Skip to main content

Research Repository

Advanced Search

COVID-19 health information needs of older adults from ethnic minority groups in the UK: a qualitative study

Paudyal, Priyamvada; Skinner, Emily; Majeed-Hajaj, Saliha; Hughes, Laura J; Khapangi Magar, Naresh; Isobel Keeling, Debbie; Armes, Jo; Kulasabanathan, Kavian; Ford, Elizabeth; Sharp8, Rebecca; Cassell, Jackie A

COVID-19 health information needs of older adults from ethnic minority groups in the UK: a qualitative study Thumbnail


Authors

Emily Skinner

Saliha Majeed-Hajaj

Laura J Hughes

Naresh Khapangi Magar

Debbie Isobel Keeling

Jo Armes

Kavian Kulasabanathan

Elizabeth Ford

Rebecca Sharp8

Jackie A Cassell



Abstract

<jats:sec><jats:title>Objective</jats:title><jats:p>This study aimed to identify the COVID-19 health information needs of older adults from ethnic minority groups in the UK.</jats:p></jats:sec><jats:sec><jats:title>Study design</jats:title><jats:p>A qualitative study using semistructured interviews.</jats:p></jats:sec><jats:sec><jats:title>Setting and participants</jats:title><jats:p>Indian and Nepalese older adults (=65 years), their families (=18 years) and healthcare professionals (HCPs) (=18 years) engaging with these communities. Participants were recruited between July and December 2020 from Kent, Surrey and Sussex through community organisations.</jats:p></jats:sec><jats:sec><jats:title>Results</jats:title><jats:p>24 participants took part in the study; 13 older adults, 7 family members and 4 HCPs. Thirteen participants were female, and the majority (n=17) spoke a language other than English at home. Older participants mostly lived in multigenerational households, and family and community were key for providing support and communicating about healthcare needs. Participants’ knowledge of COVID-19 varied widely; some spoke confidently about the subject, while others had limited information. Language and illiteracy were key barriers to accessing health information. Participants highlighted the need for information in multiple formats and languages, and discussed the importance of culturally appropriate avenues, such as community centres and religious sites, for information dissemination.</jats:p></jats:sec><jats:sec><jats:title>Conclusion</jats:title><jats:p>This study, undertaken during the COVID-19 pandemic, provides insight into how health information can be optimised for ethnic minority older adults in terms of content, format and cultural relevance. The study highlights that health information interventions should recognise the intersection between multigenerational living, family structure, and the health and well-being of older adults, and should promote intergenerational discussion.</jats:p></jats:sec>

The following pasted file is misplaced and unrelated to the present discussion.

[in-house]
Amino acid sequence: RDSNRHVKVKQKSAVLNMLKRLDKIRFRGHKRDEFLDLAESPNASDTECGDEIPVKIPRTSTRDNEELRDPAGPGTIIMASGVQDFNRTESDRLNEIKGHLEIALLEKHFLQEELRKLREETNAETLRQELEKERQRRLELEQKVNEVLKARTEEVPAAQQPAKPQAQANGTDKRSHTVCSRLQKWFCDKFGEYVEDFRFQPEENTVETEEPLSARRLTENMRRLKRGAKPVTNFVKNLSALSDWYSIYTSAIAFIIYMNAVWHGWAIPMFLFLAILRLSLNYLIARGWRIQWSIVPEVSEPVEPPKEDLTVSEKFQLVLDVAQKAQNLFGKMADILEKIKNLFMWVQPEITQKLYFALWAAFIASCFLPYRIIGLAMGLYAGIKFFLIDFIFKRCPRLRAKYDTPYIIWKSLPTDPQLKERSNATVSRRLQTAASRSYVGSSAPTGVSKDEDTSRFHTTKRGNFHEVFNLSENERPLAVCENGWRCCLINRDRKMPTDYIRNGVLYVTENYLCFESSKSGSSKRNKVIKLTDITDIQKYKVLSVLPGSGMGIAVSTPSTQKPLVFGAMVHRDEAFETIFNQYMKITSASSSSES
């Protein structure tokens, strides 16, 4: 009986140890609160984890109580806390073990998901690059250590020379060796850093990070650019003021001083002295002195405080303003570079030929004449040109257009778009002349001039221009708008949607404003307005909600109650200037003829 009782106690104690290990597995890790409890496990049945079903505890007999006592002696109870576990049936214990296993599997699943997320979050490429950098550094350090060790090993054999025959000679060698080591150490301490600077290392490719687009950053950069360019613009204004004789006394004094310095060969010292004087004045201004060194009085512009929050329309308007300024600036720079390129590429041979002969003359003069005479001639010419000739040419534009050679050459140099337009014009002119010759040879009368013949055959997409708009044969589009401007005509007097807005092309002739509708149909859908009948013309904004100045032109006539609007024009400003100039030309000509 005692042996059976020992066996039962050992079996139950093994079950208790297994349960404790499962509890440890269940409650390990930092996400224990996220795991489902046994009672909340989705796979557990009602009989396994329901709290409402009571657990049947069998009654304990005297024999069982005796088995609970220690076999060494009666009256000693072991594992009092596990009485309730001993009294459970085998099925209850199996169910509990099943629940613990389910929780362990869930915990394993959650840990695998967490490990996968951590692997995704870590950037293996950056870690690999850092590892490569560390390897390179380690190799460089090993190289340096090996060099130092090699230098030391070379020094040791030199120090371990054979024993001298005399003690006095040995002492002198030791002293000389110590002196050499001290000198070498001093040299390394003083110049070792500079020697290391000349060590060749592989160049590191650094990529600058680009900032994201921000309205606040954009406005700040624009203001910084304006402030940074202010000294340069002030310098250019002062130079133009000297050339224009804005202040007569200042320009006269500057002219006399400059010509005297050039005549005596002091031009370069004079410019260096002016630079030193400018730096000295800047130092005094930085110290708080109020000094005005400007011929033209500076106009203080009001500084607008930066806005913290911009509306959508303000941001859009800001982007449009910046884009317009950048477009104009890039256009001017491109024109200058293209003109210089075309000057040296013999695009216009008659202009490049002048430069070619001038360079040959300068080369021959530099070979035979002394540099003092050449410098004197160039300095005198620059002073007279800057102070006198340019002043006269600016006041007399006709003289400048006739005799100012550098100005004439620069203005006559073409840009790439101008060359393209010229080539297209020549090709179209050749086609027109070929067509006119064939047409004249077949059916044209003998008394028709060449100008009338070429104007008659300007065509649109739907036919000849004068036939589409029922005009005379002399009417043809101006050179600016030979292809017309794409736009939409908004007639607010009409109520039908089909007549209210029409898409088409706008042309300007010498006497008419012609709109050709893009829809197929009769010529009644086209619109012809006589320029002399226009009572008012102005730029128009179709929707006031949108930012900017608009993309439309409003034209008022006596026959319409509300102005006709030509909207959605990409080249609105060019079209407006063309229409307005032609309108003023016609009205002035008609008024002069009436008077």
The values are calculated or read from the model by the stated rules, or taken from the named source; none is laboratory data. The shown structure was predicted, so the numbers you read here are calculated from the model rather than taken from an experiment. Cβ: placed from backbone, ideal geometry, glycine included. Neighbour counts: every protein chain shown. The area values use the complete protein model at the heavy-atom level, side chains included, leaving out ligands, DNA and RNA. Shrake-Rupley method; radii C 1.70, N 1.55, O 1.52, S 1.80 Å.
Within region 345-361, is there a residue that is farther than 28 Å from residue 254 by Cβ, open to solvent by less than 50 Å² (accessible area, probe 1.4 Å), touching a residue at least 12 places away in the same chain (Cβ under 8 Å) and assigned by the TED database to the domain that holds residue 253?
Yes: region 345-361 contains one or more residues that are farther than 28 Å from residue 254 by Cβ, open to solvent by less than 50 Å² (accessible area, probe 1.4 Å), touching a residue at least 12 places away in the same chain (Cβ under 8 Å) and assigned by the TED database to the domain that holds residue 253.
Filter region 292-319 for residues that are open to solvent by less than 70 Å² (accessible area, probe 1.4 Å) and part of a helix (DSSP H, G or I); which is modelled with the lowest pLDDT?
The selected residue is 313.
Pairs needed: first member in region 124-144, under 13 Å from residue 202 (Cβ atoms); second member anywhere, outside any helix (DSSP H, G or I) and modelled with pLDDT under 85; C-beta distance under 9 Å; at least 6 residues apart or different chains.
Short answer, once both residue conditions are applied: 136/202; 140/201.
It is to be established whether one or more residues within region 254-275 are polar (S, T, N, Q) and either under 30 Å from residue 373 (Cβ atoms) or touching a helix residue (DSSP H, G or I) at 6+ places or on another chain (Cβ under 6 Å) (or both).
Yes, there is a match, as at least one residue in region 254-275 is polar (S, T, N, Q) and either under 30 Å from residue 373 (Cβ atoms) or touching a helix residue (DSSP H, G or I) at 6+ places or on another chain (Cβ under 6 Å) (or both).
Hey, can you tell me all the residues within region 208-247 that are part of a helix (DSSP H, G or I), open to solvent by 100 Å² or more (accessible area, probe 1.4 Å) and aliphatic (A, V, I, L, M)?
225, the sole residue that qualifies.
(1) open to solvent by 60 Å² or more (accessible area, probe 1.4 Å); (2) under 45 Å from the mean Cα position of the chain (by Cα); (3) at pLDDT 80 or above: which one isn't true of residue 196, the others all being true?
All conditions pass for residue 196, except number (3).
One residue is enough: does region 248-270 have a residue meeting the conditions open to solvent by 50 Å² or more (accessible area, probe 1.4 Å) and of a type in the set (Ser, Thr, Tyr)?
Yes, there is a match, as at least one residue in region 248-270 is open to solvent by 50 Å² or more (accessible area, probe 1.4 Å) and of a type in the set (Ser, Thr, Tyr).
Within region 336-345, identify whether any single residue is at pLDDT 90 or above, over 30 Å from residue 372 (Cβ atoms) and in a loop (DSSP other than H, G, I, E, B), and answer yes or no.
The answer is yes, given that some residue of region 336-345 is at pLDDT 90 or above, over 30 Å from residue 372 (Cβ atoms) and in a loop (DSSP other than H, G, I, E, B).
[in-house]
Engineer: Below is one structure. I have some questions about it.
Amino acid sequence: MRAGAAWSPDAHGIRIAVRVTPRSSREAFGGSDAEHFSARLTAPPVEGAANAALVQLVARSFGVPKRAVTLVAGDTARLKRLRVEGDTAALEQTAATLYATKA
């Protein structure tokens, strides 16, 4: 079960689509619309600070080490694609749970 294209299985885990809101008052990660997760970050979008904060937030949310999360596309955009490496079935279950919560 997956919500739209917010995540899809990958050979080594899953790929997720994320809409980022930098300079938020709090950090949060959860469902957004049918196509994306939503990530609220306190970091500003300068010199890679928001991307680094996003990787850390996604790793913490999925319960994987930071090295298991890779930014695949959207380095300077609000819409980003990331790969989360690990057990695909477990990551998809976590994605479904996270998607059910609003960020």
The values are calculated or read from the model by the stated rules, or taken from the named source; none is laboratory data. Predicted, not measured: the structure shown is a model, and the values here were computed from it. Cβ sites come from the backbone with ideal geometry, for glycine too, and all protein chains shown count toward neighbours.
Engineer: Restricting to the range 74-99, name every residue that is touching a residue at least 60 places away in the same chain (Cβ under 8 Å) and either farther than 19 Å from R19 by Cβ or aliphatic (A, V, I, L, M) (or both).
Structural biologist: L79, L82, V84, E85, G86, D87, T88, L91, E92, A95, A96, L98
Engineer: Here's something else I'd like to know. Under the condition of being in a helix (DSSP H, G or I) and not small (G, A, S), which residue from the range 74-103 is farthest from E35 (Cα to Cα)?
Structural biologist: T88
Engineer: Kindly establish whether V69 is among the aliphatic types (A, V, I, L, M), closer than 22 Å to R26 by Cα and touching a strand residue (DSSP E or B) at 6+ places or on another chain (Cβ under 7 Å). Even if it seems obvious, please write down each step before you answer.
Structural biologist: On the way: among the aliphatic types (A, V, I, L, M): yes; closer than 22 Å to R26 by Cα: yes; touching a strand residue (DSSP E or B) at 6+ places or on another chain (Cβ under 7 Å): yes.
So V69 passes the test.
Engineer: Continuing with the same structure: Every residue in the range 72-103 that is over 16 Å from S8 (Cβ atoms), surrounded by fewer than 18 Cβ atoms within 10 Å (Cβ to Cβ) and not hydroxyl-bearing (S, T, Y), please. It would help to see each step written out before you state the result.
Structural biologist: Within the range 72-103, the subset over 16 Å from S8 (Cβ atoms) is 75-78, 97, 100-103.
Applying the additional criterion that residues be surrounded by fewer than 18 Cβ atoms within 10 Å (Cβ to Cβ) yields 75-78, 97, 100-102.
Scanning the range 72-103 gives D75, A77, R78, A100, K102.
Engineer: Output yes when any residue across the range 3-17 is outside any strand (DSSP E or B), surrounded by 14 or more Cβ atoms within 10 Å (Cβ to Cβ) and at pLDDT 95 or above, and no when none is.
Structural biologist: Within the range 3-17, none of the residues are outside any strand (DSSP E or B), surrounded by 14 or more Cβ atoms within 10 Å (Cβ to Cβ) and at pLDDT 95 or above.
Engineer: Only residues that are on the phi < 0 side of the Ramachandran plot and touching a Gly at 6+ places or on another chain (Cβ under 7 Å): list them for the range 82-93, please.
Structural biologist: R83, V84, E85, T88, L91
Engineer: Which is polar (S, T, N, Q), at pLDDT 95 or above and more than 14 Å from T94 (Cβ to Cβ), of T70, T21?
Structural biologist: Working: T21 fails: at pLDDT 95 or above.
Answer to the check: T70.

Acceptance Date Jun 6, 2022
Publication Date Jun 20, 2022
Journal BMJ Open
Publisher BMJ Publishing Group
Pages e059844 - e059844
DOI https://doi.org/10.1136/bmjopen-2021-059844
Publisher URL https://bmjopen.bmj.com/content/12/6/e059844

Files





You might also like



Downloadable Citations